A report from the National Commission On Physician Payment Reform is calling for the end of “fee-for-service” for Medicare within seven years.
“The way we pay doctors is profoundly flawed,” commission co-chairman Steven Schroeder, a professor of health and health care at the University of California, San Francisco, said in a statement. “We need to move rapidly away from fee-for-service and embrace new ways of paying doctors that encourage cost-effective, high-quality care. The commission’s recommendations put us on that path.”
This is a curious spin to take when considering the rising cost of healthcare in America. The Commission includes such prestigious institutions as Tufts Medical Center and The Harvard School Of Public Health, but predictably also includes WellPoint.
To clarify what that means, it is akin to the cigarette companies releasing studies that suggested that cigarettes are not harmful. It is hard to take a report seriously when the entity that stands to gain the most is part of the Committee. This comes as the NY Times reports that healthcare companies are making record profits, even in a down economy.
Yet the companies continue to press for higher premiums, even though their reserve coffers are flush with profits and shareholders have been rewarded with new dividends. Many defend proposed double-digit increases in the rates they charge, citing a need for protection against any sudden uptick in demand once people have more money to spend on their health, as well as the rising price of care.
Translation, “Healthcare companies should always make increasing profits, and should be safe from market forces.” What business would not want a guarantee from profit loss? Supply and demand economics is supposed to allow for deflation as well as inflation, but that is not the reality we see in healthcare costs; the costs of healthcare have risen disproportionately to the demand for services. The healthcare system is dominated by only a few companies, and finds itself controlled by an Oligopoly who is interests are not in public health, but cold profit.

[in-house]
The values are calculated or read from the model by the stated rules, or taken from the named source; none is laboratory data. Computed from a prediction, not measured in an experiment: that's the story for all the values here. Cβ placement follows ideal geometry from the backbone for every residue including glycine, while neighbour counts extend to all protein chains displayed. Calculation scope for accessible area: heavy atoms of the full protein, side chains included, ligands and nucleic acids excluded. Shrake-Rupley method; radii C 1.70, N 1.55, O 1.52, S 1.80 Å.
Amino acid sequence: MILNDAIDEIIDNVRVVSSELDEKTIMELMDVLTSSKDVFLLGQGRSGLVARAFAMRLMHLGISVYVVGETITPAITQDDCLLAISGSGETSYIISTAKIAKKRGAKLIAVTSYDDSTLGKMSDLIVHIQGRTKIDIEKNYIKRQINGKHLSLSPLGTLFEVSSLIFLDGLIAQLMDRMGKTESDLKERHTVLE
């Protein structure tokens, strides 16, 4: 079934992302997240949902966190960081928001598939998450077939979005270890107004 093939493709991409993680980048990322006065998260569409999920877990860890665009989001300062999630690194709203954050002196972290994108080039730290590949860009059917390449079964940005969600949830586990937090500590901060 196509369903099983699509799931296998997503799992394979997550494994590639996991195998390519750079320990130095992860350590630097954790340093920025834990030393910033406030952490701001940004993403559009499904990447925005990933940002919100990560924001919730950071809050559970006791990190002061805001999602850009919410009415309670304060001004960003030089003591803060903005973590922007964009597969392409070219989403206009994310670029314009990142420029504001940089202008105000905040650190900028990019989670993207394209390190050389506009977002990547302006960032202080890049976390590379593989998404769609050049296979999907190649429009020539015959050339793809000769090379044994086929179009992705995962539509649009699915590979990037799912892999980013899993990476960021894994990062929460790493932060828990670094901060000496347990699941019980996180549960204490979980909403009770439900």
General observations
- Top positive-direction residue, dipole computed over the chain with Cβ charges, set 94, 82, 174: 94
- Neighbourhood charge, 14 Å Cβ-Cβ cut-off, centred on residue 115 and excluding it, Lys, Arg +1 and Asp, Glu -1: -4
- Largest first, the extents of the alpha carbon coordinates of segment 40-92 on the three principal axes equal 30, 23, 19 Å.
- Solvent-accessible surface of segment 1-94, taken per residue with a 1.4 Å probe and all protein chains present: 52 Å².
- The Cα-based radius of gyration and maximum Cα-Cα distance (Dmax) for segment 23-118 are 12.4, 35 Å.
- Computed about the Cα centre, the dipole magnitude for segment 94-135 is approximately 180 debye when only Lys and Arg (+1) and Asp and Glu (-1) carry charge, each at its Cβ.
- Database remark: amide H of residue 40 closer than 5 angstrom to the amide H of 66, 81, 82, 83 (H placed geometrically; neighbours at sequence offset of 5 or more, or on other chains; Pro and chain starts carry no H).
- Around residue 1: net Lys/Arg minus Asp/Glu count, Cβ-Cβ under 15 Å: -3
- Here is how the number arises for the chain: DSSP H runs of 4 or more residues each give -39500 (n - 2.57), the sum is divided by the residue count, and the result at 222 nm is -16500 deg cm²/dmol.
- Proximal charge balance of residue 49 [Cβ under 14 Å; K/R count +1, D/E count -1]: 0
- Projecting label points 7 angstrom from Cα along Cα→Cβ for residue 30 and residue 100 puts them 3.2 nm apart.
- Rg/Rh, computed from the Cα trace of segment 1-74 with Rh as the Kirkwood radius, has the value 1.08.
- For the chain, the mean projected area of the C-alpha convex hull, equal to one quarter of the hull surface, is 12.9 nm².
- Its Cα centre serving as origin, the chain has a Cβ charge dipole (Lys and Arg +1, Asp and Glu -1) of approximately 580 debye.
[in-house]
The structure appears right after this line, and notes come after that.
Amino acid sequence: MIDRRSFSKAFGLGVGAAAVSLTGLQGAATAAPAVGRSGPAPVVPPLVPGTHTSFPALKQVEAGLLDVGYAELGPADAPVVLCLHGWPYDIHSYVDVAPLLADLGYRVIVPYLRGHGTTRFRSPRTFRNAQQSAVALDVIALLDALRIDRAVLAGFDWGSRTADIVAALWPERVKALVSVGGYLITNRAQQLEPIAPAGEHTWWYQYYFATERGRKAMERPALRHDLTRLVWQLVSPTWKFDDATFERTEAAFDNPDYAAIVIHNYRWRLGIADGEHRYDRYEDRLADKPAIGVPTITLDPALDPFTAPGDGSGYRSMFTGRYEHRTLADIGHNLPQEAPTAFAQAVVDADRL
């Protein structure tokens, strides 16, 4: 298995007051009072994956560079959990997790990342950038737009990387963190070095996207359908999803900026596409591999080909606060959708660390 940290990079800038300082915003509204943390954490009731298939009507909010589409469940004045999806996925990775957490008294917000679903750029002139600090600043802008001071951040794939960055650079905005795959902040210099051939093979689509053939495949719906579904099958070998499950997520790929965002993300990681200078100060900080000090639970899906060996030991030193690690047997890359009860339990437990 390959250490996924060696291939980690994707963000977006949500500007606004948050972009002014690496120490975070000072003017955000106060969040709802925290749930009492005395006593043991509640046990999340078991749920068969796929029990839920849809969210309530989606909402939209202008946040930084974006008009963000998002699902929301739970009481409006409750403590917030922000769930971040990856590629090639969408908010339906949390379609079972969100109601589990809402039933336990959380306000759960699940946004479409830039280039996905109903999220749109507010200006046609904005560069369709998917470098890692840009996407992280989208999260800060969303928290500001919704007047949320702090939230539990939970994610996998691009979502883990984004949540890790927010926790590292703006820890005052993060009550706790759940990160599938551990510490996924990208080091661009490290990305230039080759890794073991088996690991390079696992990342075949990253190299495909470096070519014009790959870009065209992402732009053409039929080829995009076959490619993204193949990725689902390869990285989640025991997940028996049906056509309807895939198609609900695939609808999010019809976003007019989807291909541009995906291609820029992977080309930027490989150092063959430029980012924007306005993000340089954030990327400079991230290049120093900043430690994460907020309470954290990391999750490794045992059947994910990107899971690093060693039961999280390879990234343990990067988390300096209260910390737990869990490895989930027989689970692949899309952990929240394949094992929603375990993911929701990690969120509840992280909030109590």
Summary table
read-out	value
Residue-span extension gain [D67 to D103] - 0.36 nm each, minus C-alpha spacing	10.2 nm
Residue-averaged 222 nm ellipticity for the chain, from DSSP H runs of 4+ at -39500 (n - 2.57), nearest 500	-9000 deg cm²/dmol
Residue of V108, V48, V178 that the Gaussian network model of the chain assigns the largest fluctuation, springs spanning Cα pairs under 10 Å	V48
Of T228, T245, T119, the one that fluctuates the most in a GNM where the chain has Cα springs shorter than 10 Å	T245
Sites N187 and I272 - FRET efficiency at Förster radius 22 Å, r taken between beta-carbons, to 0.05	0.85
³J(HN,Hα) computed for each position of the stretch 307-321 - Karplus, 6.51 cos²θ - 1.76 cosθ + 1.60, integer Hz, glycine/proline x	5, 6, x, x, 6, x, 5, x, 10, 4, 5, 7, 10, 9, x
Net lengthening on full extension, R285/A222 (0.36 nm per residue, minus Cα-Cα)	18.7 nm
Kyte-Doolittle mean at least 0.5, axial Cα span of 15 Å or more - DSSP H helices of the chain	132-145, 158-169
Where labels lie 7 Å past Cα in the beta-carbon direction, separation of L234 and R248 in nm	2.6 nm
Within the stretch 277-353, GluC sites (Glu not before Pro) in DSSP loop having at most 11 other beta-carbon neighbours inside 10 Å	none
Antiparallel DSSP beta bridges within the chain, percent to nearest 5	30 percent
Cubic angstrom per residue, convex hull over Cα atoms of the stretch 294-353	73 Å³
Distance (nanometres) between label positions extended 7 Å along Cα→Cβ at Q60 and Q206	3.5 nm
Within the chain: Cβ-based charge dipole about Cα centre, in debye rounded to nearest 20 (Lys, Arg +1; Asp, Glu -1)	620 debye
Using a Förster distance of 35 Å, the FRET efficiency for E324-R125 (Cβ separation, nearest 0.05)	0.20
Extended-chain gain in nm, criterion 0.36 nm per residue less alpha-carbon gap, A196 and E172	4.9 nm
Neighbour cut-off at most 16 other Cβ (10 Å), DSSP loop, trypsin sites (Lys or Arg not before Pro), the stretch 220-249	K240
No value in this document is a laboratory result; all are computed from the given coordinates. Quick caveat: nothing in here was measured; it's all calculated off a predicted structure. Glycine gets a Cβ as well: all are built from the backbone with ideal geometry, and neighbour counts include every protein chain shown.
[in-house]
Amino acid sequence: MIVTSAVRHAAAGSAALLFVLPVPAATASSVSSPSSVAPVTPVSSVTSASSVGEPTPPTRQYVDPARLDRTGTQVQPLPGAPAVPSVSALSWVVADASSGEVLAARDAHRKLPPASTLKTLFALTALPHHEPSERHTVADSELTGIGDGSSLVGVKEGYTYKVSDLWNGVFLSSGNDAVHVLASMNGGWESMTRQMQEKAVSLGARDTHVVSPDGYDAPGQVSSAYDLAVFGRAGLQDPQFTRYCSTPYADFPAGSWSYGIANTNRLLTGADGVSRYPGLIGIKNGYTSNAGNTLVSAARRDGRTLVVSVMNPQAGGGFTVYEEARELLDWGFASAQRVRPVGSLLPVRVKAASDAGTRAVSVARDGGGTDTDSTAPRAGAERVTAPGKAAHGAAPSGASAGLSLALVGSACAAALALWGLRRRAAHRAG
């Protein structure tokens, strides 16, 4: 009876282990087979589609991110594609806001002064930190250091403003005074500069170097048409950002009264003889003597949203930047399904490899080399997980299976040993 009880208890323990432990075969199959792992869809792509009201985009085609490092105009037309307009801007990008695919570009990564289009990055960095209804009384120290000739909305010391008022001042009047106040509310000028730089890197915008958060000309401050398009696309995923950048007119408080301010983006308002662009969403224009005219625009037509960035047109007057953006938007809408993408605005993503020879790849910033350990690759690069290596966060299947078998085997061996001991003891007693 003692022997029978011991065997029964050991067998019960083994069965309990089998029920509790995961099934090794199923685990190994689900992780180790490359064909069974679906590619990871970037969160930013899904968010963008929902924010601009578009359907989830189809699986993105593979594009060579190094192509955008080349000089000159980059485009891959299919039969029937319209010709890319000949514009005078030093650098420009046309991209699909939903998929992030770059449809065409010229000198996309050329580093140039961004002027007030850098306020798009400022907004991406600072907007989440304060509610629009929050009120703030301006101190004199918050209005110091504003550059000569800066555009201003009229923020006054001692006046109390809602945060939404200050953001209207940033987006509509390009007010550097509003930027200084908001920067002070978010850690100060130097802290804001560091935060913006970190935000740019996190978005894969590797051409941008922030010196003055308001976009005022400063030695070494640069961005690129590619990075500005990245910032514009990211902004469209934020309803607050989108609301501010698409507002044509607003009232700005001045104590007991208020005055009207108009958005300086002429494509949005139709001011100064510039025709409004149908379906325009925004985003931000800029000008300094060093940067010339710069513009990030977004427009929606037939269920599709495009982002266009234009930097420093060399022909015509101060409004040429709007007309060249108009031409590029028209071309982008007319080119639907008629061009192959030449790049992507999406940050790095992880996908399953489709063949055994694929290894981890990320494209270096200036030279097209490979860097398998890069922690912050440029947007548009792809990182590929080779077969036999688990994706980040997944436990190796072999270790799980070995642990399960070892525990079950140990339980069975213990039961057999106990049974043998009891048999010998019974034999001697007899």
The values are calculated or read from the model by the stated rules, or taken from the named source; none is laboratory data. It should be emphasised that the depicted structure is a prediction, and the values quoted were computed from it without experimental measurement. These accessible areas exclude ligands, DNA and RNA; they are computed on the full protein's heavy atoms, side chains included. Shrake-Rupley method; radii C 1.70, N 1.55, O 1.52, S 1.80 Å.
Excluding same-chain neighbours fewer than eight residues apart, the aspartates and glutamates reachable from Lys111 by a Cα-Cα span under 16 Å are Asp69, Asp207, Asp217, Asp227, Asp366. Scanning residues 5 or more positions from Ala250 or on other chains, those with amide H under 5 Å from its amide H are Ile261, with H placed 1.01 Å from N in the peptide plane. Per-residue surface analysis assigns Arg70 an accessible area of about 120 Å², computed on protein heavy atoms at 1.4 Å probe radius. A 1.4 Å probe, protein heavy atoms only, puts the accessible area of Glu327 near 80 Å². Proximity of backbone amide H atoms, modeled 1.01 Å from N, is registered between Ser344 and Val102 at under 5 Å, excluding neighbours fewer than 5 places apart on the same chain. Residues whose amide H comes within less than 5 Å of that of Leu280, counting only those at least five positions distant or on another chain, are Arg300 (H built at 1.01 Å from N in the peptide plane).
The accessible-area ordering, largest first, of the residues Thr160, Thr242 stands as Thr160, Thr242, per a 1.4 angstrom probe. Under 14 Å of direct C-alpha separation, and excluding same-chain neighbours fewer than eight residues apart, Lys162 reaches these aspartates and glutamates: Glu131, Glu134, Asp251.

As a result, this report is not credible in any fashion whatsoever. It should scare older adults who depend on Medicare and have been increasingly herded into managed care programs only to see their options and benefits cut. Ultimately, American needs to ask whether it is comfortable with healthcare, and the people’s lives on which is depends, being a commodity that is readily traded and inflated on the stock market.
Thanks To Debra Beattie for the article suggestion.
Matthew Cohen, SWI
SJS Staff Writer
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